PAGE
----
The Paperless Physician

October 2nd, 2006

The Daily Camera (Boulder, CO)

A visit to Gastroenterology of the Rockies in Boulder might seem different than most trips to the doctor.

The reception desk is free of stacks of file folders, nurses measure blood pressure without writing it down, and instead of clipboards, doctors carry small digital devices.

This streamlined, paperless environment was part of Dr. Joel Montbriand's vision when he started the practice in 1994. To accomplish his objective of high-quality care with more time devoted to patients than paperwork, he knew he needed not just innovative medical practices, but innovative business practices as well.

Montbriand's pioneering medical business model earned him an Ernst & Young Entrepreneur of the Year Award for the Rocky Mountain Region this summer in the category of health care and life sciences.

"I was very proud and honored," he said. "I think the reason they chose us was they were really excited to see a medical practice take the best out of other industries."

Mark Siegel, director of the program for the Rocky Mountain region, said the independent committee looks for six qualities in its honorees: entrepreneurial spirit, financial performance, strategic direction, community impact, personal integrity and innovation.

"I think Dr. Montbriand really exemplified the innovation criteria," Siegel said.

As senior partner, chief executive officer and chief operating officer of Gastroenterology of the Rockies, Montbriand's emphasis on technology and customer service has enabled him to expand the practice to include nine physicians and state-of-the-art endoscopy centers in Boulder, Longmont and Lafayette.

Gastroenterology involves the care of the gastrointestinal tract and the treatment of disorders in the tract. Endoscopy is a procedure that allows doctors to look inside the tract.

Montbriand said a main objective was for his staff and patients to have easy, quick access to information. Embracing technology was an essential first step.

The three endoscopy centers are connected by interoffice e-mail, and the doctors have videoconferences via plasma television screens once a week. Patient records are stored in a central computer system that eliminates the paper shuffling that often slows down other practices.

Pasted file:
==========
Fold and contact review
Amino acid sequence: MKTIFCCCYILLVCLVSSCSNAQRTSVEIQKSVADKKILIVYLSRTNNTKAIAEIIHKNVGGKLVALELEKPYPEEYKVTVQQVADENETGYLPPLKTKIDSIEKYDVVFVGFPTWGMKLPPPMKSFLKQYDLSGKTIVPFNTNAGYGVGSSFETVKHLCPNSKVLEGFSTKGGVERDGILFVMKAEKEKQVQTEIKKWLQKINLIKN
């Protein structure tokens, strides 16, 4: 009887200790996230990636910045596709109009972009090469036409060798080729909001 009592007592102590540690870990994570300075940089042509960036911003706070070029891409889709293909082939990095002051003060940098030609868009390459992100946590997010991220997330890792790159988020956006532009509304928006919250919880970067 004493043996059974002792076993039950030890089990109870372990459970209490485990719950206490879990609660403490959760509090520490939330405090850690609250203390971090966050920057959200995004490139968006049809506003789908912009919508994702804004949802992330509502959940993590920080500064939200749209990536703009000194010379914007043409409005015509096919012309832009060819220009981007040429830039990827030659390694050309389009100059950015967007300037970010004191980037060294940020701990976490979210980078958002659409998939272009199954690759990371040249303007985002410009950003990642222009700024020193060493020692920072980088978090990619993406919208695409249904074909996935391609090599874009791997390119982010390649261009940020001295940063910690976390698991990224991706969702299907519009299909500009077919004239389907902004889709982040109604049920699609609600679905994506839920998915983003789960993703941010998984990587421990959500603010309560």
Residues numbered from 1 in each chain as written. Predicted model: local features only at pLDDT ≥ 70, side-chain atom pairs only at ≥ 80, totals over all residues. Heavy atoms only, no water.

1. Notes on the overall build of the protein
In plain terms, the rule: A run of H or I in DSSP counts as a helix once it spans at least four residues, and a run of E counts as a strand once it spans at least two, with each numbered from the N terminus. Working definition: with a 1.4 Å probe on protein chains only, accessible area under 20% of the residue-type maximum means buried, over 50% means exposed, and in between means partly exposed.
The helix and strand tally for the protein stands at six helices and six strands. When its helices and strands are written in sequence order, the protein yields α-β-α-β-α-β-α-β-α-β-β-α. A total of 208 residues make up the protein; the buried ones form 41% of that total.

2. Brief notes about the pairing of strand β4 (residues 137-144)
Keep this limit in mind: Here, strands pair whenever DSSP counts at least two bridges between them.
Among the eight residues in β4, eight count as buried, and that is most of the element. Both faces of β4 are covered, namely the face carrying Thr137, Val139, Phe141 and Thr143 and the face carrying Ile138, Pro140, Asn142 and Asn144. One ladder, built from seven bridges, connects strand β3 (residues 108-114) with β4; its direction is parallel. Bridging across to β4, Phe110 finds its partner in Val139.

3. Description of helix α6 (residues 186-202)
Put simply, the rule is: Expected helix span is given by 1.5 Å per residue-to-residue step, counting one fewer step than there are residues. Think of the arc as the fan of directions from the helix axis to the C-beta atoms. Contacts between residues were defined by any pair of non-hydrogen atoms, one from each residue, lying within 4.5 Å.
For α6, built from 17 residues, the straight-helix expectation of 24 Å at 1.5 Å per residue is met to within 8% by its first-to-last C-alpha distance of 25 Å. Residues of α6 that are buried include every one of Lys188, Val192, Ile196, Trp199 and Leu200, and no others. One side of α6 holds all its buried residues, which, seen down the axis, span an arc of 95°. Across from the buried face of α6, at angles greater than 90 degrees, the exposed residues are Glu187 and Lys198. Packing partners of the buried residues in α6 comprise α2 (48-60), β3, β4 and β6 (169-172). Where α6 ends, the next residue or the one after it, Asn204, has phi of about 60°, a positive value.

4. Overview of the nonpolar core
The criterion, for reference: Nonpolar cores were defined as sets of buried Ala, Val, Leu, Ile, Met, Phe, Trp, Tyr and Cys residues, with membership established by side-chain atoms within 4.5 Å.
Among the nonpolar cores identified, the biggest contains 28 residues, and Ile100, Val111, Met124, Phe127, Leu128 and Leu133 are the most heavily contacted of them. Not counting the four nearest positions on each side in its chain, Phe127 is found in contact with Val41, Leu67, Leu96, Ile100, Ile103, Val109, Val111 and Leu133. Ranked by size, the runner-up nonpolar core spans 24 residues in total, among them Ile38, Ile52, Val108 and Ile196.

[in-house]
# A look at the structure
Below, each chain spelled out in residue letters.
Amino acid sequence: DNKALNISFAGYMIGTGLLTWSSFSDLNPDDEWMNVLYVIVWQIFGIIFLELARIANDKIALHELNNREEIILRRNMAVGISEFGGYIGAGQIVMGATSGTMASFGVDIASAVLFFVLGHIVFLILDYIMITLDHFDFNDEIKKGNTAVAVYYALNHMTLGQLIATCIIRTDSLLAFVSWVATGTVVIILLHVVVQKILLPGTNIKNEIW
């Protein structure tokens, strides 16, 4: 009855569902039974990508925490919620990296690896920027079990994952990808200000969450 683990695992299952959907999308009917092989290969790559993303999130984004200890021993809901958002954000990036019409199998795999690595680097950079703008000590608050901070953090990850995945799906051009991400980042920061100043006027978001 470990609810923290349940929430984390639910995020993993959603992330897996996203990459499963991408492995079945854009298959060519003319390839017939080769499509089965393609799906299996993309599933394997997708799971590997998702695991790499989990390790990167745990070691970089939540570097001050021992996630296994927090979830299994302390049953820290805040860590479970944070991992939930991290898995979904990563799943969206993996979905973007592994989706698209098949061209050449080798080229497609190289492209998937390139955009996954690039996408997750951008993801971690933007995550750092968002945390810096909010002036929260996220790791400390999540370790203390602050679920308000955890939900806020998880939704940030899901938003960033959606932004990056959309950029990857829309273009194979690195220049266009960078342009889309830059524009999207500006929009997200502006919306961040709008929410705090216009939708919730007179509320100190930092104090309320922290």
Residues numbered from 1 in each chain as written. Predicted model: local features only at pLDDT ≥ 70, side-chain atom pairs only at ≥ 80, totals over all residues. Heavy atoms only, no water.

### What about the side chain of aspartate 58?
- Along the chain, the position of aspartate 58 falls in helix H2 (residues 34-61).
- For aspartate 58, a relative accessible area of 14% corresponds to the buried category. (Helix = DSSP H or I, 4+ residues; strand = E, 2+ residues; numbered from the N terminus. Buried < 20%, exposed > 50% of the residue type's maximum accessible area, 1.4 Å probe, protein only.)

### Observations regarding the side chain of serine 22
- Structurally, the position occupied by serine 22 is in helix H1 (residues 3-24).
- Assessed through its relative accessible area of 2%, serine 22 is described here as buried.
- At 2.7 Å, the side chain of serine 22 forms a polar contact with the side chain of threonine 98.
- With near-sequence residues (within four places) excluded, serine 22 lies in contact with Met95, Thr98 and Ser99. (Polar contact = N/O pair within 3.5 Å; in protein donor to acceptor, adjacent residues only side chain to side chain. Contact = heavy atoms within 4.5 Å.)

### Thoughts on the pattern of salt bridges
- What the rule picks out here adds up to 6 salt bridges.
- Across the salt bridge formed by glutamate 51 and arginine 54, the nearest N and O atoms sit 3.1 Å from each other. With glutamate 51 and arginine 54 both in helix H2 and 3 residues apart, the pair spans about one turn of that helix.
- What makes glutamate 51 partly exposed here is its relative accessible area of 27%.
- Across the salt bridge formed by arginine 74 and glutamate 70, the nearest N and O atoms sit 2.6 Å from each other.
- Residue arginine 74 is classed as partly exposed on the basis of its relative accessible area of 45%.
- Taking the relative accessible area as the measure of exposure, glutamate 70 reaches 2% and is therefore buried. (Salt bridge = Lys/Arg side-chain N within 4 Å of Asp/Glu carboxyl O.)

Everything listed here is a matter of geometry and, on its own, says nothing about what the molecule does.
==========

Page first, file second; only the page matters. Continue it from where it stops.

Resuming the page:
"The whole goal there was to free up the doctors to focus on patient care and to make them more efficient so that they can be more responsive to their patients' needs," Montbriand said.

He said the technology has allowed doctors to not only see more patients, but to spend more time with them, too.

Eliminating paperwork allows him to operate more efficiently with half the staff, he said. He said his physicians are 15 percent to 20 percent more productive, and his support staff is 25 percent to 30 percent more productive.

"It's an amazing time-saver," said Kate Beeman, manager of nursing operations. "Not to mention the accuracy is tenfold compared to paper charts."

From the outset, Montbriand based his business model on practices that were already working for other industries.

"One of my main goals was to go paperless and really start adopting best practices that we saw in the business community to increase our efficiency, to increase our accuracy and to decrease the amount of time that we as physicians spent documenting things on paper charts and chasing after records," he said.

Many physicians aren't focused on the business end of their practices because it's not their expertise, Montbriand said.

"A lot of doctors are so busy being doctors that they don't have time to sit down and understand an area that they've never had any training in," he said. He estimates only about six other private practices in Boulder County use electronic medical records.

"We're pretty state-of-the-art here versus the other places I've worked," clinical nurse coordinator Tara Bernhardt said. "It makes it feel like you're not in the dinosaur age anymore."

But implementing technology is an expensive, long-term investment that many doctors don't want to gamble on, Montbriand said. When he decided to computerize his practice, he took no salary for six months and invested in the best software and equipment available.

Montbriand has adopted business methods beyond technology, too. He stresses the importance of employee training and recognition, community presence and a strong, content-based Web site.

Part of his marketing strategy has been to educate the public about colon cancer. His practice participates in the 9Health Fair and has held a "colonoscopy party" for female patients, who were treated with facials and massages before the procedure.

Montbriand also founded Medamorph, which currently provides billing, information technology and human resources support to Gastroenterology of the Rockies. He plans to expand the venture into a consulting company for other medical practices.

Montbriand said he reads business books and will continue to stay up-to-date with new technologies.

"I'm constantly educating myself on the business of running a practice," he said.